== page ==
Sunday, June 16, 2024
BusinessExporters bemoan 'stifling' forex policy

Exporters bemoan ‘stifling’ forex policy

Officials cite ‘war economy’ to defend exporters’ forex forfeit

Exporters from various industries slammed government officials this week, demanding an end to the 20/80 forex retention policy that requires them to surrender up to 80 percent of their foreign currency earnings. Officials justified the policy as a necessary measure “due to the war and its consequences.”

Representatives of various industries united to criticize the policy requiring exporters to retain just 20 percent of foreign currency proceeds while the government takes 70 percent and banks take the rest.

At a National Public-Private Dialogue forum this week, exporters from multiple sectors confronted government officials, including ministers from the Ministry of Trade & Regional Integration, and Industry.

Gathering at the Skylight Hotel, the frustrated exporters warned that businesses would grind to a halt unless changes were made to the forex policy. They bluntly told the ministers that export firms would be forced to cease operations unless the government revised the rule.

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Exporters in the meat processing, grain, coffee, sesame, and other commodity sectors were among the leading voices challenging the Ministries of Trade, Industry, Agriculture, and Science and Technology.

Kelifa Hussien, Frigorifico Boran Foods operations director, says 20 percent is never enough.

“We lose up to 40 percent in the export business due to domestic commodity prices exceeding international ones. We offset export losses through importing, but forex supply is limited due to the tight retention rate,” Kelifa said.

Oilseed and pulse exporters also constantly clashed with officials over the year, mainly at the Trade Ministry, and demanded a revision to the forex retention rule.

Management of the Ethiopian Pulses, Oilseeds, and Spices Processors-Exporters Association, appealed for a revision of the policy.

“We only export because it is mandatory. We export for the little foreign currency to trickle down to import business,” said Sisay Asmare, the Association’s president. “This policy must change to incentivize exporters. It is also contributing to inflation.”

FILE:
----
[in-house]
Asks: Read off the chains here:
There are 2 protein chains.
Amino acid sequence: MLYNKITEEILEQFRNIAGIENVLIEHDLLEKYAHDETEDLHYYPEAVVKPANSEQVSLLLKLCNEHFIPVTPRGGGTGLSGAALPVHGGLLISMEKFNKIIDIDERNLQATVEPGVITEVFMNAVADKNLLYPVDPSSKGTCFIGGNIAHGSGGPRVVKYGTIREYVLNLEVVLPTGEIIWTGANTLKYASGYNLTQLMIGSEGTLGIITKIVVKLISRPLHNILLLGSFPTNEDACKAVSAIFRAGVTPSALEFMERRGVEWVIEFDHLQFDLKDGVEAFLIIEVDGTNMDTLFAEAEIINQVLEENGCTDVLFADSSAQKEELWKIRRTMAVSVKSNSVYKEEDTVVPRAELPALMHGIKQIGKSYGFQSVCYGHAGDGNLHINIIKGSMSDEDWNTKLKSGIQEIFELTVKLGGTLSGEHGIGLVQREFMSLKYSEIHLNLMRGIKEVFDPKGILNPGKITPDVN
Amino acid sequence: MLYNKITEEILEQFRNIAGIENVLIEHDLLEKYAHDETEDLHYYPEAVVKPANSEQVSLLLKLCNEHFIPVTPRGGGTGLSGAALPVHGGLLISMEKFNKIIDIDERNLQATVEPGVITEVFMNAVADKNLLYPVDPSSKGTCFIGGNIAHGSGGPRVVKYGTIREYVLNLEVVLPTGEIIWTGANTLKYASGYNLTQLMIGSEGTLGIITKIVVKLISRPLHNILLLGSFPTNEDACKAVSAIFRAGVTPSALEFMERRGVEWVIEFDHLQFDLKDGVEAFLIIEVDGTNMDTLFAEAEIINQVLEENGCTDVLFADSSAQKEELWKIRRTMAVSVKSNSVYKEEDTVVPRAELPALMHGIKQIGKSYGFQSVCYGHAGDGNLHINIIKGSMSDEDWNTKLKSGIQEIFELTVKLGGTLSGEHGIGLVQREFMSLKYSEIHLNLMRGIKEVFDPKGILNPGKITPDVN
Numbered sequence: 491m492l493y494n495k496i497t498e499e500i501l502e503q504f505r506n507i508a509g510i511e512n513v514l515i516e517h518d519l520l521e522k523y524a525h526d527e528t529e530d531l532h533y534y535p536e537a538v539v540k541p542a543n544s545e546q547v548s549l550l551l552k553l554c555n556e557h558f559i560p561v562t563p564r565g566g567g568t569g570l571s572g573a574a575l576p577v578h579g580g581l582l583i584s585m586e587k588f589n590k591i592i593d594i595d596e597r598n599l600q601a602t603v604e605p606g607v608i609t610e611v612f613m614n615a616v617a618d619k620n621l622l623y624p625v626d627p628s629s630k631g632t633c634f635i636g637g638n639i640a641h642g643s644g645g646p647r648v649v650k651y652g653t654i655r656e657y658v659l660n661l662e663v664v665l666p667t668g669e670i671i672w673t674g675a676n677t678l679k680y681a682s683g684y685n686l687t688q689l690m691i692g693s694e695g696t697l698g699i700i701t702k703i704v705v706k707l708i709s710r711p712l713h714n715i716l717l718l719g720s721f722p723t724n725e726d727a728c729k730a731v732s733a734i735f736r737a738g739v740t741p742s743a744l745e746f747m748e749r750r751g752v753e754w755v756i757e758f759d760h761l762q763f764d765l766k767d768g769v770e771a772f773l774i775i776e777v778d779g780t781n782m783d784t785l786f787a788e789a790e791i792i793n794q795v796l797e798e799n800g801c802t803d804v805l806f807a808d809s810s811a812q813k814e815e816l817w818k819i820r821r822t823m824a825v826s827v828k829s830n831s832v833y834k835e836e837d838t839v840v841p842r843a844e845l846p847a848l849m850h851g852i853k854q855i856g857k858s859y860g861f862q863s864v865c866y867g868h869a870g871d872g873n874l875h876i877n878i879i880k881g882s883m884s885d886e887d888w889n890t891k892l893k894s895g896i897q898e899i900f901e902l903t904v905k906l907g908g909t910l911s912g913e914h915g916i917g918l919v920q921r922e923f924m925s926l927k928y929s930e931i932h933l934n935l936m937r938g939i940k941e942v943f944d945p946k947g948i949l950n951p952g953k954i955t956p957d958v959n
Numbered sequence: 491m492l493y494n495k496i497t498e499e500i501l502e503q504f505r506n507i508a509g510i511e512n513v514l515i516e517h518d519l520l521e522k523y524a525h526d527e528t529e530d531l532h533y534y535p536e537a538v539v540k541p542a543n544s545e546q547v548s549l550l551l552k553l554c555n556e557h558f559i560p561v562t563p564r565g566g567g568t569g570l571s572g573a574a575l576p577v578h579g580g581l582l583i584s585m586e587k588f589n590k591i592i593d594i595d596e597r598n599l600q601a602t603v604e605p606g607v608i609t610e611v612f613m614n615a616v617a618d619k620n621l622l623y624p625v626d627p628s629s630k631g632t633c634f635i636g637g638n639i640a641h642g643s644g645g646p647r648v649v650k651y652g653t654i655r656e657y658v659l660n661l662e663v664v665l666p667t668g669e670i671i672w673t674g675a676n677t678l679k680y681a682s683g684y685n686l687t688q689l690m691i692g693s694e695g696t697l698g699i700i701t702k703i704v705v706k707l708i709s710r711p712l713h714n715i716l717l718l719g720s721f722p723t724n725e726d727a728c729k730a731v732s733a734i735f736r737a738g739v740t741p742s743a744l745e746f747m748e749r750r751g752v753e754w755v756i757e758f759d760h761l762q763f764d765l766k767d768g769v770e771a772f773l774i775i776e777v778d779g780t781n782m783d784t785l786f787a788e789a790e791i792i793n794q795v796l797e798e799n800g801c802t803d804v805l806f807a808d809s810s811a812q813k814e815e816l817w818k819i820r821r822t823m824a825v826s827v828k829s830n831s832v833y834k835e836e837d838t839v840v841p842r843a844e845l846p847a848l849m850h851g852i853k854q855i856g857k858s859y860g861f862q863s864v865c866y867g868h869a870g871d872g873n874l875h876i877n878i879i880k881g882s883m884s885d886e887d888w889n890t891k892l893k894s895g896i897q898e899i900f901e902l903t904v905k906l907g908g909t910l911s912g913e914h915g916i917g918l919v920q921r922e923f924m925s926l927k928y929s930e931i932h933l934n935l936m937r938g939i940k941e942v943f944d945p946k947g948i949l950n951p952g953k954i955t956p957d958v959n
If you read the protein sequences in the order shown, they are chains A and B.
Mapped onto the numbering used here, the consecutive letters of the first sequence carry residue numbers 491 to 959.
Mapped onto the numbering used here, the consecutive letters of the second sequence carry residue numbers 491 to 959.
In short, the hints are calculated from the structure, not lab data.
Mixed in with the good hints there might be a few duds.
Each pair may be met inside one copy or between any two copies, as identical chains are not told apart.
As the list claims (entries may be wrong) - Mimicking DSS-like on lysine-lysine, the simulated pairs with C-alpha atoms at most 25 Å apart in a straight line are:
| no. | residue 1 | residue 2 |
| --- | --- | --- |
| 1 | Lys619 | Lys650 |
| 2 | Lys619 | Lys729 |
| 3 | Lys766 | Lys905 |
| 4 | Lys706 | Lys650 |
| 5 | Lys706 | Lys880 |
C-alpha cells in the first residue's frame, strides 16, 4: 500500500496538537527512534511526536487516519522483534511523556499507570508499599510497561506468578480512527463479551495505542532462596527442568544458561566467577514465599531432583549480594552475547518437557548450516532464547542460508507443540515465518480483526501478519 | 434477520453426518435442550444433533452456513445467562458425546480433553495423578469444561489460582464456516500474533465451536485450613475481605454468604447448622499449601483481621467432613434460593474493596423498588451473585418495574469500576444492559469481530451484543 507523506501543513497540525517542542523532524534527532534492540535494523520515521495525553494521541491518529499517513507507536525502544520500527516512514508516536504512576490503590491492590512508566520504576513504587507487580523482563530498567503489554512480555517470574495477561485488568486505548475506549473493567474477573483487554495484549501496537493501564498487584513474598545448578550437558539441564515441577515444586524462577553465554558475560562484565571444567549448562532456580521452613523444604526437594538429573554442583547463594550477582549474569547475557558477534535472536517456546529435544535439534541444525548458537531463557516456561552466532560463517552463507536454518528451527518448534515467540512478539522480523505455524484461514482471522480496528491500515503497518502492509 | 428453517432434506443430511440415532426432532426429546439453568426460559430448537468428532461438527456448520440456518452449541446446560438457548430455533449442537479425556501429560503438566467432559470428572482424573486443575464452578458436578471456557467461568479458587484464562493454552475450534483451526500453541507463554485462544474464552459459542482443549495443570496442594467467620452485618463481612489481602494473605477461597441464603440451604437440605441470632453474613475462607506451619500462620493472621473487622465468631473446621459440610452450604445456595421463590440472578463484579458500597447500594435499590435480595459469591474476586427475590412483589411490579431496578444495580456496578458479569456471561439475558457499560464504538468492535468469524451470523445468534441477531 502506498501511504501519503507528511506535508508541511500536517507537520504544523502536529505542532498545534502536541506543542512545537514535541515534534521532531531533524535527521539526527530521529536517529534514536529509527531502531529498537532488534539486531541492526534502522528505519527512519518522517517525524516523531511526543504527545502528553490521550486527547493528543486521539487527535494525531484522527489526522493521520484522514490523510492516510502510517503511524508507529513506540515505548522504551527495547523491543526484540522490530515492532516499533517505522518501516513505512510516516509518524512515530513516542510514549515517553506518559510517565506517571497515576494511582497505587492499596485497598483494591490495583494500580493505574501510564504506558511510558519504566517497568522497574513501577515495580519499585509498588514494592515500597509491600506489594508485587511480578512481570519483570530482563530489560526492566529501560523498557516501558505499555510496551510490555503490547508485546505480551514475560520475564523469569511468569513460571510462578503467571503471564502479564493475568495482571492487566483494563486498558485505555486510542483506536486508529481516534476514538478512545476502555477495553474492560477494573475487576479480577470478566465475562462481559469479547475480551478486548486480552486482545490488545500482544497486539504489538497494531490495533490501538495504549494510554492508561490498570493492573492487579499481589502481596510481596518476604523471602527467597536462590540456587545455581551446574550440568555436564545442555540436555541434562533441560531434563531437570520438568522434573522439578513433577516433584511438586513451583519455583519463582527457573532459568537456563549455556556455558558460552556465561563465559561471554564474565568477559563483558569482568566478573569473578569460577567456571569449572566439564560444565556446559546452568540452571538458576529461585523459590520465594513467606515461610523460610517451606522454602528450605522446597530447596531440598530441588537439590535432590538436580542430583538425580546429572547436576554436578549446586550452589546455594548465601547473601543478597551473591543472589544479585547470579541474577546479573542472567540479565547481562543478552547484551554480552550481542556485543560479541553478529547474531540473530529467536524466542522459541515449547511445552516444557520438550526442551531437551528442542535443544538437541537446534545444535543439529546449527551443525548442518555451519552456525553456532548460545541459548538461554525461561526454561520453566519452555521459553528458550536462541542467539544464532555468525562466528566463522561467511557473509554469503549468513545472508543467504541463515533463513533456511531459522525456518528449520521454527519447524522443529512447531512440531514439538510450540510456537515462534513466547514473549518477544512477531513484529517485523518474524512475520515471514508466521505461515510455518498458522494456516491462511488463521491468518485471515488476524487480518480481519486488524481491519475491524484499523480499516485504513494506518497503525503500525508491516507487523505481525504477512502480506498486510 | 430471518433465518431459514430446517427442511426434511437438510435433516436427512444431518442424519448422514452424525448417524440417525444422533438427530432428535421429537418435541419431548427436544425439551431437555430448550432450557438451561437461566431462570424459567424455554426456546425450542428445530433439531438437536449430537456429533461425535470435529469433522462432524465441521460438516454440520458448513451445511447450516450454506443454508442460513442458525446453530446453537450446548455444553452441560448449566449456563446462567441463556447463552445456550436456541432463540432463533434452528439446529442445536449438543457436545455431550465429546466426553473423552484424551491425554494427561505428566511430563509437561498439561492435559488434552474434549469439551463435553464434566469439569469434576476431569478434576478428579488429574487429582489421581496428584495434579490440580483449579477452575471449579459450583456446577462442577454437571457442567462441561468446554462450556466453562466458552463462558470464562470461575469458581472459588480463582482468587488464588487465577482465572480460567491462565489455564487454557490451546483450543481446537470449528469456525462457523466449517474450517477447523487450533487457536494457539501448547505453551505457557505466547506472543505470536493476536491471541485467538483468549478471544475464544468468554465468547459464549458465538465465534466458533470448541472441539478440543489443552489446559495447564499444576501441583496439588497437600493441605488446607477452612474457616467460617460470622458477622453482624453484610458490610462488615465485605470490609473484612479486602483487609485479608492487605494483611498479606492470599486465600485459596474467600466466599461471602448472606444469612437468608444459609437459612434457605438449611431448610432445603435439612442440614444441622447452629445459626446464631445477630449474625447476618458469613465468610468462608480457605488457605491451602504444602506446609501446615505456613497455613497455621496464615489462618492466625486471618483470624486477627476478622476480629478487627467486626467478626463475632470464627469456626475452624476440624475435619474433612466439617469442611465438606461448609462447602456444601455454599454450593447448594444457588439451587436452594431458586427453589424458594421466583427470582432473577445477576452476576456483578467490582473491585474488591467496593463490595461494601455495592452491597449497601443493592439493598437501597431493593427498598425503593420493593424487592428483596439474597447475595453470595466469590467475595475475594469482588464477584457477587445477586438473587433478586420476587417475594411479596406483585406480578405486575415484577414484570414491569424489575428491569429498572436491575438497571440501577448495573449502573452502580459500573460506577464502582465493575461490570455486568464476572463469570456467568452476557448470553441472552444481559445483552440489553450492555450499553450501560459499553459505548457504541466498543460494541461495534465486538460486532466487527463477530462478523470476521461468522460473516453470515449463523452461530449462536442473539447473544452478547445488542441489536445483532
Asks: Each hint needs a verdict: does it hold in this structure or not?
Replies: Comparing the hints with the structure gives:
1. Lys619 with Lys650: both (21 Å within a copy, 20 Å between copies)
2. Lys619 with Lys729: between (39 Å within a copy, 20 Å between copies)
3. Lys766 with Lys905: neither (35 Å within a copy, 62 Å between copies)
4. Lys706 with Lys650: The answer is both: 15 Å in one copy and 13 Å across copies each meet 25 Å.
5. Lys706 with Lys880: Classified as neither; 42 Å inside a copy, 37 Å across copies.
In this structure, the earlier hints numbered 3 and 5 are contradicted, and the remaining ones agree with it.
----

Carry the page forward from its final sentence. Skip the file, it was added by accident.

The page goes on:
Another exporter of sesame, who wished to remain anonymous, says exporting businesses rely solely on foreign currency earnings. The exporter claims there won’t be any left to export if the government does not revise the policy.

“Nobody exports for passion. It’s only for foreign currency,” he said. “So if the government wants more exports, incentives like relaxing the retention rule are crucial.”

Export earnings are declining, reflecting exporters’ loss of motivation. Coffee export revenue dropped by nearly USD 80 million, from USD 1.41 billion last year to USD 1.33 billion this year. Other sectors also saw revenue declines.

Responding to industry concerns, Teshale Belehu, State Minister for Trade and Regional Integration, noted Ethiopia’s economy suffers from the war, placing heavy pressure on the government.

“You worry about foreign currency, but what kind of economy are you in?” he asked industry representatives. “Is it not a wartime economy? The war consumed a huge amount of foreign currency.”

Teshale explained Ethiopia’s main foreign currency sources—remittances, loans, and grants—were impacted by the two-year war that ended with the Pretoria agreement last November.

“While we’re in this situation, the government has back-breaking loan burdens. It’s impossible to allow exporters full forex earnings amid this crisis,” he said.

Industry State Minister Tarekegn Bululta says Ethiopia’s forex retention policy is a “temporary one,” caused by domestic issues and international pressures, and that the government will revise the policy.

“It is just a temporary problem,” Tarekegn told The Reporter. “Our international relations and previous situation are improving.”

Tarekegn’s remarks sparked hope among exporters that they may soon gain access to a larger percentage of their forex earnings.

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